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Feb 2, 2019

ORS 2019 Annual Meeting

1643 - Effect Of Eos Severity And Treatment On Pulmonary Function Relative To Stature (as Represented By Pelvic Width) In Children With SMA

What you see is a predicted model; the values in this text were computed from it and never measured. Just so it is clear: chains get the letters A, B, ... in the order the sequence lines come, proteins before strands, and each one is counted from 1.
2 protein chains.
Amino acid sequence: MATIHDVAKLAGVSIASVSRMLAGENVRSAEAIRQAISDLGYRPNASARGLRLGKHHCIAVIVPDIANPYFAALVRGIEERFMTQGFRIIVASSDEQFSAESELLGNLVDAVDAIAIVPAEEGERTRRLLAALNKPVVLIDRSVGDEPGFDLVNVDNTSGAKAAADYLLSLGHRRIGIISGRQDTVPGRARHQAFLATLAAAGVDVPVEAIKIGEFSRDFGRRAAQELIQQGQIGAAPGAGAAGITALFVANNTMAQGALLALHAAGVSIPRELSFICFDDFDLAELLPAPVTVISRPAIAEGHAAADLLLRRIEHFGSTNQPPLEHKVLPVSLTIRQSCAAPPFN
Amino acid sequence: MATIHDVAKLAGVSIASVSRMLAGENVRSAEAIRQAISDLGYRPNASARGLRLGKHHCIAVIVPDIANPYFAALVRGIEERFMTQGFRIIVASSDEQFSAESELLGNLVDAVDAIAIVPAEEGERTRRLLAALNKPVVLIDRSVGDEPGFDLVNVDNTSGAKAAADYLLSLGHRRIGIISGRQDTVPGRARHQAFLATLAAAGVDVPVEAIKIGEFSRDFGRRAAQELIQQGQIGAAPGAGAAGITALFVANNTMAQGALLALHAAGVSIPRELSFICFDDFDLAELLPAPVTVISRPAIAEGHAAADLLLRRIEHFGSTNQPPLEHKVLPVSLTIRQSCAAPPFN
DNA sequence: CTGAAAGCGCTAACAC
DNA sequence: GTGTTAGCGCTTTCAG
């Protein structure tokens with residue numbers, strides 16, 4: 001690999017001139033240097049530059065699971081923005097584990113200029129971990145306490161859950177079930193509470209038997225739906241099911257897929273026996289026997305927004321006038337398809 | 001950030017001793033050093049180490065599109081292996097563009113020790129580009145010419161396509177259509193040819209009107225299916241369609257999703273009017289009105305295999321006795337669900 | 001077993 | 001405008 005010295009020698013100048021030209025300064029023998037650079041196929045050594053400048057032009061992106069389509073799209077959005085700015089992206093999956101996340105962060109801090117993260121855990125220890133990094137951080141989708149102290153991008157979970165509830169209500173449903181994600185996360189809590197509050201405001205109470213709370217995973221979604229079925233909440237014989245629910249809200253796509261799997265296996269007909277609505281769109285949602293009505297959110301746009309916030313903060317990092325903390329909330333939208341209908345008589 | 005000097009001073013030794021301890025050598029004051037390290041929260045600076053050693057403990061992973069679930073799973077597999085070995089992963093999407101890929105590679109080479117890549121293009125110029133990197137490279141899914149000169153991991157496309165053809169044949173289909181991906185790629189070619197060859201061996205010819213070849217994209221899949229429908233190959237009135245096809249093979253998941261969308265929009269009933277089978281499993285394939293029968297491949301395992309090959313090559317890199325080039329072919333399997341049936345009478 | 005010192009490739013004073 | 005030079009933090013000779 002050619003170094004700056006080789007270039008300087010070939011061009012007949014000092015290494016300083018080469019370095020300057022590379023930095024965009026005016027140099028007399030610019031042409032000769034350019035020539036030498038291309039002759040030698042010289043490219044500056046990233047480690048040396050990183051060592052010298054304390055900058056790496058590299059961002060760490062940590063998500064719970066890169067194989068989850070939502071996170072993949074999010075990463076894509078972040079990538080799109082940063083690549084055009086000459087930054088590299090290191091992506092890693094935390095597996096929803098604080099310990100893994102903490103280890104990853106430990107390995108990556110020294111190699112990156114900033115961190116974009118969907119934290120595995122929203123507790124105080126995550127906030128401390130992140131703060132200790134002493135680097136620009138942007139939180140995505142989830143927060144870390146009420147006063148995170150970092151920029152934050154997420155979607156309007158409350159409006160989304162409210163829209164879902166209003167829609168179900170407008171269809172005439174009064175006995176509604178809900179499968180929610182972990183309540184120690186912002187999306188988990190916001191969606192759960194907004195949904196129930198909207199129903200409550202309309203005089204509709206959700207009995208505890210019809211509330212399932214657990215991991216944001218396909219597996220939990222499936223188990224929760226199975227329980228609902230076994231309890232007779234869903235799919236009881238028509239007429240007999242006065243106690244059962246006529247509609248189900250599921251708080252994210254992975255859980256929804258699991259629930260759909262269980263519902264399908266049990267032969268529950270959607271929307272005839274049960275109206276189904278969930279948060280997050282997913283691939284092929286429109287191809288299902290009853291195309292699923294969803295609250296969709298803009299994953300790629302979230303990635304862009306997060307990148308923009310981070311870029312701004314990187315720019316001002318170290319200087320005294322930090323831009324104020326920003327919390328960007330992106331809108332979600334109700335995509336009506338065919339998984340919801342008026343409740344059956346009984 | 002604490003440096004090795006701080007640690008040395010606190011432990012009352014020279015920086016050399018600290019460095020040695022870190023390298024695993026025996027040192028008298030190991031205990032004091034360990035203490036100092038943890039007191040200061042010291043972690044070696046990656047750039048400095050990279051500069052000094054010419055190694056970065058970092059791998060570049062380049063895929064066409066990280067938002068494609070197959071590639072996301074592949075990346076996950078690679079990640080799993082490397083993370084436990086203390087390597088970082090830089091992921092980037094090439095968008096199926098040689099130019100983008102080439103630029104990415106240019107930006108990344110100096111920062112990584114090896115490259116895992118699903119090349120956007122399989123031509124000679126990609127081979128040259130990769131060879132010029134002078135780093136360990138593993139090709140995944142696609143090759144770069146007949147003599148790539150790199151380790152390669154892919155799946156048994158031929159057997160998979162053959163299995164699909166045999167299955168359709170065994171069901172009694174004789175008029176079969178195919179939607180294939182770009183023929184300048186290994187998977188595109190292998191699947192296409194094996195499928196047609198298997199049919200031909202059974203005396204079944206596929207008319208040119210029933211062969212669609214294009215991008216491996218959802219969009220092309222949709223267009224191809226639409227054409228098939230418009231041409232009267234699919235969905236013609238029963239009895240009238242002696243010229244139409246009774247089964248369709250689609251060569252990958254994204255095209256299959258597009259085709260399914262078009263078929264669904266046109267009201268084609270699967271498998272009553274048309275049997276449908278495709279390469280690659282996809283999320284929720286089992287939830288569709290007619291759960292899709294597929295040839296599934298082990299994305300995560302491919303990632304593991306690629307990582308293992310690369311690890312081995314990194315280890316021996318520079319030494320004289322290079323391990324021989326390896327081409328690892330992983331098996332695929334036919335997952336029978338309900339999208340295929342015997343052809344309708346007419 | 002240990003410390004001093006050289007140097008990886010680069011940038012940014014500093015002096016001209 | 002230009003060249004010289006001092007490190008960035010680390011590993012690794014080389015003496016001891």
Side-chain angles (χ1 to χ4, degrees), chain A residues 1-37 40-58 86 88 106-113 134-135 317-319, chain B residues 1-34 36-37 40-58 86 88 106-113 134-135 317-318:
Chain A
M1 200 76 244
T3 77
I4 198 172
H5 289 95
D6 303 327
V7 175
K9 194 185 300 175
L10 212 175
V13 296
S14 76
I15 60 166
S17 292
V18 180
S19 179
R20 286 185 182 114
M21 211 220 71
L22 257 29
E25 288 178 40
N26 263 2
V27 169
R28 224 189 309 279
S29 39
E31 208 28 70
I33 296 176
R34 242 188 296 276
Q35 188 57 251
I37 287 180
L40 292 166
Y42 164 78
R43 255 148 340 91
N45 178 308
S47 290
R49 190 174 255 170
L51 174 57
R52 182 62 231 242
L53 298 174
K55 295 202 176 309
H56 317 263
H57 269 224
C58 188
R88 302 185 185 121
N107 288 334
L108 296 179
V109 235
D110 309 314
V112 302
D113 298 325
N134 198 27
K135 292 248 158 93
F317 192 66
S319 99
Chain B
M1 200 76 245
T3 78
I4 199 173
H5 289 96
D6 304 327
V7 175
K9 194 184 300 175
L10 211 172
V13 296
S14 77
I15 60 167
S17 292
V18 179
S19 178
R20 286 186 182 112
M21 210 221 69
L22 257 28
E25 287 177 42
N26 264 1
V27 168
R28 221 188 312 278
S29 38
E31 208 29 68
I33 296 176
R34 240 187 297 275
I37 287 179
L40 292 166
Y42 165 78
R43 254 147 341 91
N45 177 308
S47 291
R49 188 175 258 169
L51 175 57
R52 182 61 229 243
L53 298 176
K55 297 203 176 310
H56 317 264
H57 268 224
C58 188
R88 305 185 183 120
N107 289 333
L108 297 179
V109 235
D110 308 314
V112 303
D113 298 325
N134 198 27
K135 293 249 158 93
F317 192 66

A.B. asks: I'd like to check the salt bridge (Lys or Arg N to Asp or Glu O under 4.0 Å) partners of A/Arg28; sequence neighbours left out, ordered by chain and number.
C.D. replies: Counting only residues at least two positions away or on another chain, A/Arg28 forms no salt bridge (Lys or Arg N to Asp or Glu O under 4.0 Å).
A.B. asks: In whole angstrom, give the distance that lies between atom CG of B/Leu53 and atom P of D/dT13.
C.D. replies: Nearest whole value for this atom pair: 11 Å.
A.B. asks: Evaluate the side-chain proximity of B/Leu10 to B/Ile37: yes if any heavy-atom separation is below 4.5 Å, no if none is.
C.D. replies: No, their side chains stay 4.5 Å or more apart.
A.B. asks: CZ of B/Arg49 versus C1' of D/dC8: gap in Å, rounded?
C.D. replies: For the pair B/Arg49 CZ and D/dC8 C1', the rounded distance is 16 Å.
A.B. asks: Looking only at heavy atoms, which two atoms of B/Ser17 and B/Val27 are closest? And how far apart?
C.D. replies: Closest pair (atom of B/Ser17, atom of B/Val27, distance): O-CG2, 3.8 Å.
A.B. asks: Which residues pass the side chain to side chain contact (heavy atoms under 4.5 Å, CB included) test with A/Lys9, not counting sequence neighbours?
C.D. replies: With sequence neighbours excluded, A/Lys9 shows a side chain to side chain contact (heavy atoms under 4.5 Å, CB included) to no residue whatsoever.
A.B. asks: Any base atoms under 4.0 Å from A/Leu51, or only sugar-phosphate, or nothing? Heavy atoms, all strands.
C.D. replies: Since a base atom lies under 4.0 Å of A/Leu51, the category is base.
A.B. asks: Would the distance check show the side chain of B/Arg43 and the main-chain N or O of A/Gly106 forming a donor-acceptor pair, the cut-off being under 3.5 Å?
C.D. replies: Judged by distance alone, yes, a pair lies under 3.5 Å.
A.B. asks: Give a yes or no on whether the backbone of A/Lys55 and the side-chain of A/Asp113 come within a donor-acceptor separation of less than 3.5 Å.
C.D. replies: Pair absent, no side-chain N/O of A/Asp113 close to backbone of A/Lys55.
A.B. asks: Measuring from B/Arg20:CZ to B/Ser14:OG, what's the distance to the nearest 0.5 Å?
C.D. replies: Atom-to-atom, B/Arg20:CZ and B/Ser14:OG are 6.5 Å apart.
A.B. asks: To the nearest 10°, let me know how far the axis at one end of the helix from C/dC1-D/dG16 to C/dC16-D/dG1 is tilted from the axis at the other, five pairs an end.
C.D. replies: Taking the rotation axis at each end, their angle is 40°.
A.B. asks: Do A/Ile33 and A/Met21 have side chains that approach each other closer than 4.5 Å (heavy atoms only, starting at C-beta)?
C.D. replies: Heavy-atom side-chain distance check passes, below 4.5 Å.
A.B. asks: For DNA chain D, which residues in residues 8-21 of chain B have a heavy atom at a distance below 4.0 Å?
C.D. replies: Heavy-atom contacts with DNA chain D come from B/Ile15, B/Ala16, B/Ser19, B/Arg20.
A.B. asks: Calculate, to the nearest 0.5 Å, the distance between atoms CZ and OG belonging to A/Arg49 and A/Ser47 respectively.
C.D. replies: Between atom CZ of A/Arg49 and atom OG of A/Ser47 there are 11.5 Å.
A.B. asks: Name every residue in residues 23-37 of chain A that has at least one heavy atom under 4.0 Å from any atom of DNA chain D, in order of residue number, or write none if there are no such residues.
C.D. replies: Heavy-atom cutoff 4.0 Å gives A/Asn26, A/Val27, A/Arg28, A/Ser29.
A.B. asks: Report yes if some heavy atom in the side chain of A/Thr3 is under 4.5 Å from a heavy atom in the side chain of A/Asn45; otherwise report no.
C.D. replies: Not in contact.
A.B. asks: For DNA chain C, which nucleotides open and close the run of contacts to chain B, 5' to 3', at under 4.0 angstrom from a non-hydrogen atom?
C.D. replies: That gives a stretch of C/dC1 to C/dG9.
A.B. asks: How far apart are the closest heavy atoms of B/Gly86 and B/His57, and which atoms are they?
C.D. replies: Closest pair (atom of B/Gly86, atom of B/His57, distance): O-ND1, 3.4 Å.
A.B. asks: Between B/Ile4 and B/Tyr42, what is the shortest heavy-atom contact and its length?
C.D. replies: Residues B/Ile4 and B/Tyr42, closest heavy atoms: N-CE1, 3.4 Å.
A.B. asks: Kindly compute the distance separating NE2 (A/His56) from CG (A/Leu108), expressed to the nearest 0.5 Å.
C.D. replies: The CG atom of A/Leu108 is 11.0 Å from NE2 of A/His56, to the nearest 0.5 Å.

spine

spinal muscular atrophy

early onset scoliosis

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spine

spinal muscular atrophy

early onset scoliosis

Abstract